Following international trends, stores like Woodland are waking up to 'carbon neutral' stores in which customers are able to redeem "credits" accumulated through the purchase of environment friendly products for discounts
New Delhi: Cutting back on travelling, using renewable bio-fuels, thinking twice before firing up that laptop are among activities that cannot just contribute to greening the planet but could get you also hefty discounts on trendy apparel and other major branded goods, reports PTI.
Following international trends, stores in India are waking up to 'carbon neutral' stores in which customers are able to redeem "credits" accumulated through the purchase of environment friendly products for discounts.
In a new initiative, leading footwear and apparel brand Woodland is all set to go "carbon neutral" in 80 of its stores in Delhi-NCR and Karnataka.
Being carbon neutral means having a net zero carbon footprint, or achieving net zero carbon emissions by balancing a measured amount of carbon released with an equivalent amount offset, or buying enough carbon credits (tradable certificate or permit representing the right to emit 1 tonne of CO2) to make up the difference.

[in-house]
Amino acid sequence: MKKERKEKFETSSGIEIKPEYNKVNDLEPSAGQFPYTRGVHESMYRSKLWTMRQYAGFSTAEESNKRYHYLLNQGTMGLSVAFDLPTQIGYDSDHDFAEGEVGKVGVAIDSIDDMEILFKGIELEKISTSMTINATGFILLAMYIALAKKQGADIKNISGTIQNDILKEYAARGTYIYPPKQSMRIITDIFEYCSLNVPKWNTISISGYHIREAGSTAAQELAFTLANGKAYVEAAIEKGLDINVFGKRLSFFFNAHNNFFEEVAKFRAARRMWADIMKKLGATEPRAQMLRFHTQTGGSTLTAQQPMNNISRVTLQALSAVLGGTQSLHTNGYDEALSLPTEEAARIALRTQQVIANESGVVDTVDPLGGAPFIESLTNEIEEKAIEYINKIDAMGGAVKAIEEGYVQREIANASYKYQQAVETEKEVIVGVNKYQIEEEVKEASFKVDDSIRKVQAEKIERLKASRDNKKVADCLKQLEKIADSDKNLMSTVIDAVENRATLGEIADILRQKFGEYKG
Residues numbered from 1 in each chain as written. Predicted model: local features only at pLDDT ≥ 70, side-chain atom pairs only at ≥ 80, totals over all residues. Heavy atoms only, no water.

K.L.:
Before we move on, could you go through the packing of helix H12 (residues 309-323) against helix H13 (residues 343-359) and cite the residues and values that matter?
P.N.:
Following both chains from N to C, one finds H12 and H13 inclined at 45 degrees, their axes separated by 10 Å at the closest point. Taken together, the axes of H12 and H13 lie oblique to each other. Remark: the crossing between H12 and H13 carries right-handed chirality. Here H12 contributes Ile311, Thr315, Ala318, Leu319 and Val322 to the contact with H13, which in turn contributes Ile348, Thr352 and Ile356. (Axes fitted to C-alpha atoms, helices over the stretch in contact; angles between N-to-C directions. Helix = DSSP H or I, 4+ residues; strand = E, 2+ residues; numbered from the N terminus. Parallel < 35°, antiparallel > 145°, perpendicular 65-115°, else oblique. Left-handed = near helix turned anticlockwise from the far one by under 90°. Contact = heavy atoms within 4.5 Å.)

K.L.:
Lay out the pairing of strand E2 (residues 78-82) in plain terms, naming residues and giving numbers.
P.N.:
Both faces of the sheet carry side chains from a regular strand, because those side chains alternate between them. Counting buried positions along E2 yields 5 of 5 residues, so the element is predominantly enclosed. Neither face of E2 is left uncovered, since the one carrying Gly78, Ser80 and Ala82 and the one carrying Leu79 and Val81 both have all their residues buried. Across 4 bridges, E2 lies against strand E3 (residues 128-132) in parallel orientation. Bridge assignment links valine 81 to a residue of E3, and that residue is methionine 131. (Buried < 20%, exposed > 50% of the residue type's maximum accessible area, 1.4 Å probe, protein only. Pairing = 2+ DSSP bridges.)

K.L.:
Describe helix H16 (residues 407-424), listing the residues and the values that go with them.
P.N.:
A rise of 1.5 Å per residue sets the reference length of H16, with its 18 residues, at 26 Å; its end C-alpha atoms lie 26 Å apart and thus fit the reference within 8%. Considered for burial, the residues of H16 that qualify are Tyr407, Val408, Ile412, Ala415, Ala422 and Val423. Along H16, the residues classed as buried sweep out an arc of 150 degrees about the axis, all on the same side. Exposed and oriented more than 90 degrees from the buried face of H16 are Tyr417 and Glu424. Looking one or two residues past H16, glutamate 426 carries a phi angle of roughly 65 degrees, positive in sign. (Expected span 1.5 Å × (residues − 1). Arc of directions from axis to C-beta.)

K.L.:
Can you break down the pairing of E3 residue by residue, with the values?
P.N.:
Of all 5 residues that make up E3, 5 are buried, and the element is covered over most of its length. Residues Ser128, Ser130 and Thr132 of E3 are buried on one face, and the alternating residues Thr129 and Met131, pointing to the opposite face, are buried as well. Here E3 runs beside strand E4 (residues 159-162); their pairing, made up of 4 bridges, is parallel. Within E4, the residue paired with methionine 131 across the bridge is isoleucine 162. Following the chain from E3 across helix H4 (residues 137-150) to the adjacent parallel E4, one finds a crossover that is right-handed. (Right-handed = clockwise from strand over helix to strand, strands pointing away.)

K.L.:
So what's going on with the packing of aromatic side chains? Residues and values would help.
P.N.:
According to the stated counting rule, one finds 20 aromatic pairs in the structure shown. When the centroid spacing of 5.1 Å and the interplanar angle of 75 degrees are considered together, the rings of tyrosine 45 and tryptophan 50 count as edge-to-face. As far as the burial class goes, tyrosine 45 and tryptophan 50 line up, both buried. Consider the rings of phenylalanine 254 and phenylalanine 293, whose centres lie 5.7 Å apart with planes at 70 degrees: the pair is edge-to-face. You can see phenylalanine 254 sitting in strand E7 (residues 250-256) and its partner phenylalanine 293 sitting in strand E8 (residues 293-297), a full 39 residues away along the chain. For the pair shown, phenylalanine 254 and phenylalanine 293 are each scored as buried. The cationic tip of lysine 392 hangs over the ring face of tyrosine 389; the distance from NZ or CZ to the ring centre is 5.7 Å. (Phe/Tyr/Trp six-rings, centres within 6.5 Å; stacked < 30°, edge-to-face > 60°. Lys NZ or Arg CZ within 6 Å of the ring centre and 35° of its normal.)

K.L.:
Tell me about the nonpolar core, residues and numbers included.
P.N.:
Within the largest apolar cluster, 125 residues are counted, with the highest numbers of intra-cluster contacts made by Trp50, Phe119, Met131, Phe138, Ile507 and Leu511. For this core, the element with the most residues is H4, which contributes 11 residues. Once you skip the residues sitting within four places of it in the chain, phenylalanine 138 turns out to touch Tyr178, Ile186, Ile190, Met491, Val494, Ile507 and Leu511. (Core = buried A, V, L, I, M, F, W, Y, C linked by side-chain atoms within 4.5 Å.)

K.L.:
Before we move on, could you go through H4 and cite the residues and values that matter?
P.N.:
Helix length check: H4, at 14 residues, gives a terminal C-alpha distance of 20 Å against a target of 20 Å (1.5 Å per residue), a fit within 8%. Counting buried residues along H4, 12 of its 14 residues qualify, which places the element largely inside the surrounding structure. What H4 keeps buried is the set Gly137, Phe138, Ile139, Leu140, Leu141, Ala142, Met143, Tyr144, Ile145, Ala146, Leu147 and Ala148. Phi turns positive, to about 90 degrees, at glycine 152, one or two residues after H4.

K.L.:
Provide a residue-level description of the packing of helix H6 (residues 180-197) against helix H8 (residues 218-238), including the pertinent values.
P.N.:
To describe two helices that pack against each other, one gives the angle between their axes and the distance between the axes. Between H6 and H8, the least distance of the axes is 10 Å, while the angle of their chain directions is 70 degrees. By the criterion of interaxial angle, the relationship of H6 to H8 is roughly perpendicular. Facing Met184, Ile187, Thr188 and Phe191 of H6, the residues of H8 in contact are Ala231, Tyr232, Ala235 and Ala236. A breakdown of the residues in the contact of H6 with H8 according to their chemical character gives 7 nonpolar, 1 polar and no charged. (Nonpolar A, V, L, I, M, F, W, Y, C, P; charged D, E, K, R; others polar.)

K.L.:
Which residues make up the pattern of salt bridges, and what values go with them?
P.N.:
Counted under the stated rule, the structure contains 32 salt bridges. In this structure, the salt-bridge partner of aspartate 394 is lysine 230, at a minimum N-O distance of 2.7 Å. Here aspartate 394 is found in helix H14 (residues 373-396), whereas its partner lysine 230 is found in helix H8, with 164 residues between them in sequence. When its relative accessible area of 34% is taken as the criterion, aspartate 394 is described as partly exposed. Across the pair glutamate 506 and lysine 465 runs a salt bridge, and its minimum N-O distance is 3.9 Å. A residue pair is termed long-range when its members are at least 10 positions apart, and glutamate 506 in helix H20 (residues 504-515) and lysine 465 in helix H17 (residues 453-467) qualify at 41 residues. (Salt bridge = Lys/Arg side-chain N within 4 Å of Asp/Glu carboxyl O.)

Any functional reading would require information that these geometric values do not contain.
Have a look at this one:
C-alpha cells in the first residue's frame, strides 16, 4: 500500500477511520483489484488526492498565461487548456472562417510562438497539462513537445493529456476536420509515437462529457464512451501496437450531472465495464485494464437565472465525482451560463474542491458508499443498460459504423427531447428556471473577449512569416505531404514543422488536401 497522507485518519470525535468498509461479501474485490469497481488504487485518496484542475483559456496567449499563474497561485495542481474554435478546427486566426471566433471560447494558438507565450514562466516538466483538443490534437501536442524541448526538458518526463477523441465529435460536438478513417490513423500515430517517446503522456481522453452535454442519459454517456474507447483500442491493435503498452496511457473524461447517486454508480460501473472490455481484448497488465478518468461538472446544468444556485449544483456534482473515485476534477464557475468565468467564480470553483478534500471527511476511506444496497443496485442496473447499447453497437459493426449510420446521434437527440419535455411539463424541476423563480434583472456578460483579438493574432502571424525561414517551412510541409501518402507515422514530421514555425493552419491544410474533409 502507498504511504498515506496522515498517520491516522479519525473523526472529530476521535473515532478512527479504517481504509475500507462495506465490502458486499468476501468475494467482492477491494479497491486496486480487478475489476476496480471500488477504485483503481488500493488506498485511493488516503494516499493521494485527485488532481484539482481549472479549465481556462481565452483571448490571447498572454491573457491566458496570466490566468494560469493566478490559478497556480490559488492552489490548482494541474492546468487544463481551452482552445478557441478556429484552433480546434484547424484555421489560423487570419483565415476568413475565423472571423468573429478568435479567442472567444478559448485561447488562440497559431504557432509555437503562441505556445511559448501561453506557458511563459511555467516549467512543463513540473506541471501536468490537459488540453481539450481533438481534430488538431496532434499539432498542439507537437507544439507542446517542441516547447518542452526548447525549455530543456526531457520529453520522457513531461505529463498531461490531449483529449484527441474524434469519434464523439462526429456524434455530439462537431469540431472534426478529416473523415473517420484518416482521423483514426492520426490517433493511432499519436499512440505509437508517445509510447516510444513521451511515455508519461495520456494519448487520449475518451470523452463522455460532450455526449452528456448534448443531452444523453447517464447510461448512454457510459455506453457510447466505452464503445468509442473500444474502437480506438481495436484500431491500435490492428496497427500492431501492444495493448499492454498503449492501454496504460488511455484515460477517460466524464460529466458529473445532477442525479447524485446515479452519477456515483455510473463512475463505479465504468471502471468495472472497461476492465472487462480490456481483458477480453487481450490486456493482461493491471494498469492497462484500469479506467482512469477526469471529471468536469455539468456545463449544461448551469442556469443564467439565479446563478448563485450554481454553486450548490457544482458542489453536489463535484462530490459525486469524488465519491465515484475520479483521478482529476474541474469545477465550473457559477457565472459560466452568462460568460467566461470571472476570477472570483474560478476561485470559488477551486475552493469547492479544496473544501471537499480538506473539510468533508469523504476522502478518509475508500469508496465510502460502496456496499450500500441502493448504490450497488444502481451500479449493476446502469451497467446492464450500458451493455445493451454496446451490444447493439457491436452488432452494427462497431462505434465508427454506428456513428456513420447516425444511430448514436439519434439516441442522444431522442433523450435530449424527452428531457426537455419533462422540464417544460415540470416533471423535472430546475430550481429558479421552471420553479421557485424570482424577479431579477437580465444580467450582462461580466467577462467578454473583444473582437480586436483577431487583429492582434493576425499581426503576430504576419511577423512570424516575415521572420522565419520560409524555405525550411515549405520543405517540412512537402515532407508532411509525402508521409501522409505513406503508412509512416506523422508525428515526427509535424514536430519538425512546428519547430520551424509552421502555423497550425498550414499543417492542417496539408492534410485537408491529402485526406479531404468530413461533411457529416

Companies can go carbon neutral by reducing CO2 emissions associated with transportation, energy production and industrial processes.
"We want all our stores to be carbon neutral retail chain by 2015, by adopting more environment-friendly measures including planting of saplings all over the country. 2-3% of our profits (around Rs10 crore) is earmarked for such eco-friendly initiatives every year," says Harkirat Singh, MD, Woodland Worldwide.
The retail chain will also spread awareness among its customers and encourage them to exchange their carbon credits with discounts up to 15-20% on Woodland products.
Harkirat Singh, of Woodland Worldwide says, "We are encouraging our customers to go 'green'. Our target group is youngsters between 16-24 years who are very informed and concerned about the environment," says Singh.
Singh says he urges customers to not only go green but also purchase products from companies that follow same motto.